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EC number: 235-935-5
CAS number: 13052-09-0
Introduction.The study was designed to investigate
the systemic toxicity and potential adverse effects of the test item on
reproduction (including offspring development) and is compatible with
the requirements of the OECD Guidelines for Testing of Chemicals No. 422
“Combined Repeated Dose Toxicity Study with the
Reproduction/Developmental Toxicity Screening Test” (adopted 22 March
This study was also designed to be compatible with the Commission
Regulation (EC) No. 440/2008 of 30 May 2008 laying down test methods
pursuant to Regulation (EC) No. 1907/2006 of the European Parliament and
of the Council on the Registration, Evaluation, Authorisation and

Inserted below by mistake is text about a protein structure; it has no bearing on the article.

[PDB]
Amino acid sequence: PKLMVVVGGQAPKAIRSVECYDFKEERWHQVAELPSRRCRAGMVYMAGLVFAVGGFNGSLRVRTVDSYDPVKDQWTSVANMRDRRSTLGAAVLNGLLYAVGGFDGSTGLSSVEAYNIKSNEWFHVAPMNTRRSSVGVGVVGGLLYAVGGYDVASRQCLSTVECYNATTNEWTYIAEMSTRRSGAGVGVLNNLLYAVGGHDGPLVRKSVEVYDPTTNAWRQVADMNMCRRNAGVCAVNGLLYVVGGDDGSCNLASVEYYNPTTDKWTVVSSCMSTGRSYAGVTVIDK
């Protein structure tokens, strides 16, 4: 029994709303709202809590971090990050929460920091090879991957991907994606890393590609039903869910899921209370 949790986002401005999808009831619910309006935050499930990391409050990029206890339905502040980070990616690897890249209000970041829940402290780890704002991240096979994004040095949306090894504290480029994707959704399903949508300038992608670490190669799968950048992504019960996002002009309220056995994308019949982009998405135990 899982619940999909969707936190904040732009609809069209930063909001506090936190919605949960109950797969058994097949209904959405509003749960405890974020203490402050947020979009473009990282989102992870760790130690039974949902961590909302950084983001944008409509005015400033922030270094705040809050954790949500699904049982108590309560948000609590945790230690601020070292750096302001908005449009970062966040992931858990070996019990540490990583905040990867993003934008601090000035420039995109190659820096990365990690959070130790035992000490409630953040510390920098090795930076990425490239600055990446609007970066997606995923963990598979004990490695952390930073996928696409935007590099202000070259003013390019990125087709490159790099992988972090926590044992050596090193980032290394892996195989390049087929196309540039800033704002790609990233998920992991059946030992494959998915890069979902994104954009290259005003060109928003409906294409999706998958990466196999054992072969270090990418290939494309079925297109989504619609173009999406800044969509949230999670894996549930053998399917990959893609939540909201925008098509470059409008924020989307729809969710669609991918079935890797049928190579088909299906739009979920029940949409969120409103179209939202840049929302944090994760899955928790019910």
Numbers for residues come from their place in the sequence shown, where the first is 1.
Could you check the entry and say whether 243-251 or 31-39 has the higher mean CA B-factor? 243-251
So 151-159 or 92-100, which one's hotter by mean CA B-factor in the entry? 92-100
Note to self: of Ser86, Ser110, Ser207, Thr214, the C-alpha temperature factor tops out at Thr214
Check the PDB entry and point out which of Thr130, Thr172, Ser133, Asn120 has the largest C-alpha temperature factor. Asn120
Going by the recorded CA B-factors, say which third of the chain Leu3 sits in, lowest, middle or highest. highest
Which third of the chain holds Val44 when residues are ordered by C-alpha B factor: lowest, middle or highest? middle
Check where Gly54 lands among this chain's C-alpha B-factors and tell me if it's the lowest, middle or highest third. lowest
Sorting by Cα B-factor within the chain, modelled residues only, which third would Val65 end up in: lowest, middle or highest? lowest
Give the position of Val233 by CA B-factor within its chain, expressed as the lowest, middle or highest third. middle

Restriction of Chemicals (REACH).
Methods.The test item was administered by gavage to
three groups, each of ten male and ten female Wistar Han™:RccHan™:WIST
strain rats, for up to sixteen weeks (including an eleven week
pre-pairing phase, pairing, gestation and early lactation for females),
at dose levels of 30, 300 and 1000 mg/kg bw/day. A control group of ten
males and ten females was dosed with vehicle alone (Arachis oil BP).
Clinical signs, behavioural assessments,
body weight change, food and water consumption, oestrous cycles and
opthalmic change were monitored during the study.
Pairing of animals within each dose
group was undertaken on a one male: one female basis within each
treatment group on Day 78 of the study, with females subsequently being
allowed to litter and rear their offspring to Day 5 of lactation.
During the lactation phase, daily
clinical observations were performed on all surviving offspring,
together with assessments of litter size, offspring weights and surface
Extensive functional observations were performed on males from
each dose group during Week 15 and for parental females from each dose